C Programming/Why learn C?
C is the most commonly used programming language for writing operating systems. Unix was the first operating system written in C. Later Microsoft Windows, Mac OS X, and GNU/Linux were all written in C. Not only is C the language of operating systems, it is the precursor and inspiration for almost all of the most popular high-level languages available today. In fact, Perl, PHP, and Python are all written in C.
By way of analogy, let's say that you were going to be learning Spanish, Italian, French, or Portuguese. Do you think knowing Latin would be helpful? Just as Latin was the basis of all of those languages, knowing C will enable you to understand and appreciate an entire family of programming languages built upon the traditions of C. Knowledge of C enables freedom.
Why C, and not assembly language?
While assembly language can provide speed and maximum control of the program, C provides portability.
Different processors are programmed using different Assembly languages and having to choose and learn only one of them is too arbitrary. In fact, one of the main strengths of C is that it combines universality and portability across various computer architectures while retaining most of the control of the hardware provided by assembly language.
For example, C programs can be compiled and run on the HP 50g calculator (ARM processor), the TI-89 calculator (68000 processor), Palm OS Cobalt smartphones (ARM processor), the original iMac (PowerPC), the Arduino (Atmel AVR), and the Intel iMac (Intel Core 2 Duo). Each of these devices has its own assembly language that is completely incompatible with the assembly language of any other.
Assembly, while extremely powerful, is simply too difficult to program large applications and hard to read or interpret in a logical way. C is a compiled language, which creates fast and efficient executable files. It is also a small "what you see is all you get" language: a C statement corresponds to at most a handful of assembly statements, everything else is provided by library functions.
So is it any wonder that C is such a popular language?
Like toppling dominoes, the next generation of programs follows the trend of its ancestors. Operating systems designed in C always have system libraries designed in C. Those system libraries are in turn used to create higher-level libraries (like OpenGL, or GTK), and the designers of those libraries often decide to use the language the system libraries used. Application developers use the higher-level libraries to design word processors, games, media players and the like. Many of them will choose to program in the language that the higher-level library uses. And the pattern continues on and on and on......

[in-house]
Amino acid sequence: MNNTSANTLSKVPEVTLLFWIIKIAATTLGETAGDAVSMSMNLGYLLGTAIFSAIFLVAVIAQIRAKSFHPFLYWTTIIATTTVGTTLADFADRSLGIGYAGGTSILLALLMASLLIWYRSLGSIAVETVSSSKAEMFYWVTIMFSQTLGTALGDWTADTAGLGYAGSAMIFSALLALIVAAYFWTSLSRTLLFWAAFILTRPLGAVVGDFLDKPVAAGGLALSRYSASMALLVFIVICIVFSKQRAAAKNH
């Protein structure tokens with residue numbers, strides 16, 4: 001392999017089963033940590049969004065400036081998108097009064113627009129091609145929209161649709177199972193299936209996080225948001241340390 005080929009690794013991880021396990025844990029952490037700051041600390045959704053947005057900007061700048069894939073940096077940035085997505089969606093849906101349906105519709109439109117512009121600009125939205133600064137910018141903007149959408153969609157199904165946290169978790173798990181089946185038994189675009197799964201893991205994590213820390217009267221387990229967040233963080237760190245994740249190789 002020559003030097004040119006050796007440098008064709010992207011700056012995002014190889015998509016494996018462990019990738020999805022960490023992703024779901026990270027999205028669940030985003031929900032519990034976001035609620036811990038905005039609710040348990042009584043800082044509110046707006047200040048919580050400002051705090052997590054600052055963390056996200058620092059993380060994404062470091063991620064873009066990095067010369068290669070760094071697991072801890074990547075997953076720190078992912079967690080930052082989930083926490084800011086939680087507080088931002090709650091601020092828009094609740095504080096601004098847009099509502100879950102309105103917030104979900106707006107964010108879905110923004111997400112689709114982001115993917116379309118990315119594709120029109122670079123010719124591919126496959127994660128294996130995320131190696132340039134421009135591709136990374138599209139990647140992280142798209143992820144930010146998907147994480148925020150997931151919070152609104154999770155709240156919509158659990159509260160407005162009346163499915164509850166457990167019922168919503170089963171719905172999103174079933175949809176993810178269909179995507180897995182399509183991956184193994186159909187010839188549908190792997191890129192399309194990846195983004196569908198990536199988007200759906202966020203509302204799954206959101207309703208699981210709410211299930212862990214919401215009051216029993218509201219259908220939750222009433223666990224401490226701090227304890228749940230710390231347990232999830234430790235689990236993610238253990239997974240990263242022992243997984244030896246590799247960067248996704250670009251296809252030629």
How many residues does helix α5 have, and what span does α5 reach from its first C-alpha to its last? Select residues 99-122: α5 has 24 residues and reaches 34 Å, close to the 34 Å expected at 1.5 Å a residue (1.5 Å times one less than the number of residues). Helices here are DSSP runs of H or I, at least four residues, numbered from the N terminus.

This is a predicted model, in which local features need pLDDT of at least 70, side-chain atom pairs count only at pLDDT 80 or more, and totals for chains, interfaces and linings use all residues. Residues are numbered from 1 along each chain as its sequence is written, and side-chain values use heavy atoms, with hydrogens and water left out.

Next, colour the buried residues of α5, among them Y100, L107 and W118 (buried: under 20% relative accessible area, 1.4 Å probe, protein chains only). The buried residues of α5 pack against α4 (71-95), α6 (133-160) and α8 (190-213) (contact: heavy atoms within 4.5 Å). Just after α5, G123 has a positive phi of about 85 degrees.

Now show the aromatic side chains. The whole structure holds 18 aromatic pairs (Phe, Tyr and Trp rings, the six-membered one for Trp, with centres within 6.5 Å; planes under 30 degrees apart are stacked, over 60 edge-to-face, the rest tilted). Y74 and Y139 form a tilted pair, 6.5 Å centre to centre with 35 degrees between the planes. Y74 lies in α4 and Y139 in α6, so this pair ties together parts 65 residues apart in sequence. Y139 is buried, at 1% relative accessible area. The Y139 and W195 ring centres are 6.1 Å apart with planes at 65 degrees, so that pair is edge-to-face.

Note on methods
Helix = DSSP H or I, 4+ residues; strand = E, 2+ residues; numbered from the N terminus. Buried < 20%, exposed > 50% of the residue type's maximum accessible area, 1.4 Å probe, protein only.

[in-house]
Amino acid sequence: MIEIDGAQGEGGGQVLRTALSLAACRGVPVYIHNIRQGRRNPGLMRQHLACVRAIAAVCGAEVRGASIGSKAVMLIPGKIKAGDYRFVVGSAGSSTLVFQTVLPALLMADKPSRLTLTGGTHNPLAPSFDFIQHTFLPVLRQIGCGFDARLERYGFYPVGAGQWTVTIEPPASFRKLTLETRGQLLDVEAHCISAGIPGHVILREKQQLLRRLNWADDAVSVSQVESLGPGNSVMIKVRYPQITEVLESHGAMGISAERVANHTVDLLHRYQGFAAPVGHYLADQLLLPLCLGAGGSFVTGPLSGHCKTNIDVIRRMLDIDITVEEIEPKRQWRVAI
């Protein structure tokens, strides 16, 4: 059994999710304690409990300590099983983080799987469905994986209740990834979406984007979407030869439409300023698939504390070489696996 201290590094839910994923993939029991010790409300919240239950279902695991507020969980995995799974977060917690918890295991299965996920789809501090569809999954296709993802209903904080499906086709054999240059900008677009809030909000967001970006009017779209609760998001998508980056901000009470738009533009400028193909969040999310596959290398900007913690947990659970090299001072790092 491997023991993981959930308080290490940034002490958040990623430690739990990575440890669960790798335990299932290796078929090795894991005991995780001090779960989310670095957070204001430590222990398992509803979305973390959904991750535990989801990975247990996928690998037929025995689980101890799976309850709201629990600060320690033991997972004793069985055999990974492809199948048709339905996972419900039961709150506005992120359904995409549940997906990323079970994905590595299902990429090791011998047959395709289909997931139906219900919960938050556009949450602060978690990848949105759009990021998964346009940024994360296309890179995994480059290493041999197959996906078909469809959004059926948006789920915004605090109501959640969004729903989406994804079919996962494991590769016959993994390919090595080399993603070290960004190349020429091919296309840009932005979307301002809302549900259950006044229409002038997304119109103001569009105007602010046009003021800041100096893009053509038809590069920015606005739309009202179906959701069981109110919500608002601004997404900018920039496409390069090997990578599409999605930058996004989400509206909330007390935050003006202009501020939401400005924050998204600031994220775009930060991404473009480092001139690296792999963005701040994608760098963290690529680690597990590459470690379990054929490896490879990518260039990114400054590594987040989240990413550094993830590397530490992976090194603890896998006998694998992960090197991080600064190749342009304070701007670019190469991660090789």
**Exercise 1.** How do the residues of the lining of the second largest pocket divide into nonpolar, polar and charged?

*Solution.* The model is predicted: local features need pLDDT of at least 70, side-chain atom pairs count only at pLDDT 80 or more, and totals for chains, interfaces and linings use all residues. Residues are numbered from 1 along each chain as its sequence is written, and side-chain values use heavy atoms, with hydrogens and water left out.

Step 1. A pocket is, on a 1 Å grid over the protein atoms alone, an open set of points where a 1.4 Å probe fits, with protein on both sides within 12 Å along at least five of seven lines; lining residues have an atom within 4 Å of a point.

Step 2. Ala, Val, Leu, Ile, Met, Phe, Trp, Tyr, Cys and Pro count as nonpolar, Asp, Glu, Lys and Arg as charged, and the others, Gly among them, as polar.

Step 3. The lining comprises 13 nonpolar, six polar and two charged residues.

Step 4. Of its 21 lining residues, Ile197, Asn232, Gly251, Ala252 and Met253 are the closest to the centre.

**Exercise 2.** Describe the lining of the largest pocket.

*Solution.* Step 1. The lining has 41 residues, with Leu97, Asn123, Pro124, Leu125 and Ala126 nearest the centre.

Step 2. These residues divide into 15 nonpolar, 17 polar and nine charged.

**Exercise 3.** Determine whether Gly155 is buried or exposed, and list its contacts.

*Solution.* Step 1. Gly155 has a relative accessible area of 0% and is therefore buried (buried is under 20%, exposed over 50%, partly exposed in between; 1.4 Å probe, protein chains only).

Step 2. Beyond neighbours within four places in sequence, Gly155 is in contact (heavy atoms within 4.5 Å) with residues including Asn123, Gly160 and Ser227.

Why C, and not another language?
The primary design of C is to produce portable code while maintaining performance and minimizing footprint, as is the case for operating systems or other programs where a "high-level" interface would affect performance. It is a stable and mature language whose features are unlikely to disappear for a long time and has been ported to most, if not all, platforms.
For example, C programs can be compiled and run on the HP 50g calculator (ARM processor), the TI-89 calculator (68000 processor), Palm OS Cobalt smartphones (ARM processor), the original iMac (PowerPC), the Arduino (Atmel AVR), and the Intel iMac (Intel Core 2 Duo). While nearly all popular programming languages will run on at least one of these devices, C may be the only programming language that runs on more than 3 of these devices.
One powerful reason is memory allocation. Unlike most computer languages, C allows the programmer to write directly to memory. Key constructs in C such as structs, pointers and arrays are designed to structure, and manipulate memory in an efficient, machine-independent fashion. In particular, C gives control over the memory layout of data structures. Moreover dynamic memory allocation is under the control of the programmer, which inevitably means that memory deallocation is the burden of the programmer. Languages like Java and Perl shield the programmer from having to worry about memory allocation and pointers. This is usually a good thing, since dealing with memory allocation when building a high-level program is a highly error-prone process. However, when dealing with low level code such as the part of the OS that controls a device, C provides a uniform, clean interface. These capabilities just do not exist in other languages such as Java.
While Perl, PHP, Python and Ruby may be powerful and support many features not provided by default in C, they are not normally implemented in their own language. Rather, most such languages initially relied on being written in C (or another high-performance programming language), and would require their implementation be ported to a new platform before they can be used.
As with all programming languages, whether you want to choose C over another high-level language is a matter of opinion and both technical and business requirements.